Yoga and tai chi have both come to represent important aspects of Indian and Chinese culture, respectively. As cultural icons representing the embodiment of ancient virtues, the two disciplines have been used in everything from Olympic ceremonies to international commemorations to credit card advertisements, although it is a matter of some controversy to what extent modern-day practices have in fact been inherited from ancient tradition and to what extent they have been interpreted or invented more recently.

Nonetheless, these traditions have become a focus of state-sponsored pride in both countries. The iconoclasm and culture-smashing rhetoric and actions of the Chinese May Fourth Movement (1919) and the Cultural Revolution (1966–1976) are now a distant memory. Chinese cultural traditions are surging back with greater confidence, with one of Beijing’s main soft-power initiatives being named the Confucius Institute – barely fifty years after the great sage’s family graveyard and shrine were smashed by Maoist Red Guards.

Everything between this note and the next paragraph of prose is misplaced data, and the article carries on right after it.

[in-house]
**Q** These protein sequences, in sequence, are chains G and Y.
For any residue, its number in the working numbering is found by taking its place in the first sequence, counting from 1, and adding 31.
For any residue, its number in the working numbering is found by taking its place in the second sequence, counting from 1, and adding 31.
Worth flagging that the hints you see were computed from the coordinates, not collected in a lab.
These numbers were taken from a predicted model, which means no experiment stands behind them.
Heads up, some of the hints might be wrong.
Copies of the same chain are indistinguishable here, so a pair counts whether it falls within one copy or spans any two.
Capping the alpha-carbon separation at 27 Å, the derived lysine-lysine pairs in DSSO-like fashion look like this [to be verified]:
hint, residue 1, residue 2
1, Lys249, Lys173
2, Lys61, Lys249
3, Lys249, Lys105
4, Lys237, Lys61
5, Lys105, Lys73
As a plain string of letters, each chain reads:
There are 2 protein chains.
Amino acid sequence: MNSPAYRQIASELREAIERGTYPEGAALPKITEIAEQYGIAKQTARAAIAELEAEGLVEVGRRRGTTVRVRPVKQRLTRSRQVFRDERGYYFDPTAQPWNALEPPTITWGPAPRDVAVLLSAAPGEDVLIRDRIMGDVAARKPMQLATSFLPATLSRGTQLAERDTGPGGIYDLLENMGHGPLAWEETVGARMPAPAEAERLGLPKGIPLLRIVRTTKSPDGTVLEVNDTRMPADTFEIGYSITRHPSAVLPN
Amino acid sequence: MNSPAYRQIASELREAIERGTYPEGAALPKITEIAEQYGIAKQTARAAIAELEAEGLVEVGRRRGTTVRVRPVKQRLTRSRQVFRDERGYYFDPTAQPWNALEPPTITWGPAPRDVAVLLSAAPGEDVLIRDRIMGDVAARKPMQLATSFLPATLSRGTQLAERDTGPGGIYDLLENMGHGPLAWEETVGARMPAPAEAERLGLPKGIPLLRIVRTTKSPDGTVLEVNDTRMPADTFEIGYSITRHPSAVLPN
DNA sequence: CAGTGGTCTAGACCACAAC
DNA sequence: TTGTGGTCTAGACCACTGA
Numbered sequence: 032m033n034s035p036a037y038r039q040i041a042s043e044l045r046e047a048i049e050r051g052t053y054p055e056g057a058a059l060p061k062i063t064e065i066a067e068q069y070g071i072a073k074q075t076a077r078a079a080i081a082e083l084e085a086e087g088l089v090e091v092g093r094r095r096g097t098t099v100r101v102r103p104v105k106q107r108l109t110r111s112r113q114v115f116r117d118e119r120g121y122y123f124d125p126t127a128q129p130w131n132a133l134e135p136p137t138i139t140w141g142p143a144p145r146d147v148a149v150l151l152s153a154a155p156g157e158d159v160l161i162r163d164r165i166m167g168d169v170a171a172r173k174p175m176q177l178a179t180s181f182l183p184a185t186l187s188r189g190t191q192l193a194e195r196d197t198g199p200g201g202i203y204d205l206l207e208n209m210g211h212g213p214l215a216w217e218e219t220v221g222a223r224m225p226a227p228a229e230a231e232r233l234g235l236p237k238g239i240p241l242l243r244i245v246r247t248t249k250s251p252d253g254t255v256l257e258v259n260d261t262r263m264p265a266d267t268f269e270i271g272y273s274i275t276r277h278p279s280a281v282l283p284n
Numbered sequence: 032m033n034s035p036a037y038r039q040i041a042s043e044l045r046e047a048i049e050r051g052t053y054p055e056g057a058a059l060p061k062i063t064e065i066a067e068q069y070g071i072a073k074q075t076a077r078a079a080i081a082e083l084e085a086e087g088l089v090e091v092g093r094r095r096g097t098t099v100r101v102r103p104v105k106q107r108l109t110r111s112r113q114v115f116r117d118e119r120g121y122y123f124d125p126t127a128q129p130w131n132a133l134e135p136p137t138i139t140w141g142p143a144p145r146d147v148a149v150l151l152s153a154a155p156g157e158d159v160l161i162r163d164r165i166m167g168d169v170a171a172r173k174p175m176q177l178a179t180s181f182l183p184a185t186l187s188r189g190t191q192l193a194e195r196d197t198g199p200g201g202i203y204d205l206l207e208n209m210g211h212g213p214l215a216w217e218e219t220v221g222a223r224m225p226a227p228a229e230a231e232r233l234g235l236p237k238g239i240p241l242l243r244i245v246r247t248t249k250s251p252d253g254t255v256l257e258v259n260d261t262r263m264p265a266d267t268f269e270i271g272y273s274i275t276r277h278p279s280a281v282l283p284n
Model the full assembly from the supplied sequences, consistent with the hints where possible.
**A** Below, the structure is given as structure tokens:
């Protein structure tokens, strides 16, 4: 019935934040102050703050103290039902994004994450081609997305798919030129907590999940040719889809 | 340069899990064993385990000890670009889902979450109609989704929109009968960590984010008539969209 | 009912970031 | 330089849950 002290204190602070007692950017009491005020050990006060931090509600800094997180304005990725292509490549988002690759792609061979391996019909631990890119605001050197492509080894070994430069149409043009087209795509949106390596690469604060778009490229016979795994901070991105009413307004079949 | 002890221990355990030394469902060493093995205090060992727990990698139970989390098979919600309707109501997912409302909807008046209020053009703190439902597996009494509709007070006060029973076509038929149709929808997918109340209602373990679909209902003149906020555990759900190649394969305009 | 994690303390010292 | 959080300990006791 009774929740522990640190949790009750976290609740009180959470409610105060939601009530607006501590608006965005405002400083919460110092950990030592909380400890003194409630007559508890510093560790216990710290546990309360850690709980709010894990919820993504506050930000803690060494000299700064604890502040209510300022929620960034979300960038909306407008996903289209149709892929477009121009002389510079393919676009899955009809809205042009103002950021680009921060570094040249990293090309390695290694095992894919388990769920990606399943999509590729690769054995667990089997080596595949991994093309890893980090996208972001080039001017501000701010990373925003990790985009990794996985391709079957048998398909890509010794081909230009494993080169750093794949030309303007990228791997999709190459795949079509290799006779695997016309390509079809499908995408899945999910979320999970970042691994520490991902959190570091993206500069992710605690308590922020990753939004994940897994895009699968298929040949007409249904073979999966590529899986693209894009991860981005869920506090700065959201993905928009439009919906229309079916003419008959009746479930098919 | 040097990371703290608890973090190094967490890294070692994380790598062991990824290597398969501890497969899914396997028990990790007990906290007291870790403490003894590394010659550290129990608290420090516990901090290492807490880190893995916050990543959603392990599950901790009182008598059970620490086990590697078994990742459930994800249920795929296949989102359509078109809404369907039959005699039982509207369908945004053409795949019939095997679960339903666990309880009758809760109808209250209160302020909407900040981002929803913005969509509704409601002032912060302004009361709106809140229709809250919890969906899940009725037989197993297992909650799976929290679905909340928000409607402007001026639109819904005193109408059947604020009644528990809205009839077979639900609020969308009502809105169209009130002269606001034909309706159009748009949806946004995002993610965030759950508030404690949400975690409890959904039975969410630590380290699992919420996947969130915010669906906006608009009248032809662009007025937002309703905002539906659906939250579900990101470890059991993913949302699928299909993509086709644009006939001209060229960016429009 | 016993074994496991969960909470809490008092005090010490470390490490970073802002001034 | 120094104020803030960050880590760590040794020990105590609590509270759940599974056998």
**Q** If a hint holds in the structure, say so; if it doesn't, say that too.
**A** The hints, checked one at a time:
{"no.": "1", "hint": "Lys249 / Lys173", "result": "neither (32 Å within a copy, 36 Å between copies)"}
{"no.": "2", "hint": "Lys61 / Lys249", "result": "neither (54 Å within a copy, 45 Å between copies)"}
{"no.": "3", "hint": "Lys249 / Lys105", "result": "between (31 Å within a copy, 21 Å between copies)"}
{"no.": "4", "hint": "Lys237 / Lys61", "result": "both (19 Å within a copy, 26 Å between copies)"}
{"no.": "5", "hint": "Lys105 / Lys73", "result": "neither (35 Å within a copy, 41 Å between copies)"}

This dramatic turn from cultural scapegoat to national hero coincides with an increasing mood of cultural and nationalist confidence in China, particularly since the ascent of Party General Secretary and President Xi Jinping in 2012. An increase in cultural confidence is also apparent in India, although in a different way. With the election of Narendra Modi as Prime Minister, Hindu nationalism seems to be on the rise in India. In the view of some critics, Modi came to power in 2014 under a cloud of concern about whether he would offer equal treatment to Hindus, Muslims and Sikhs.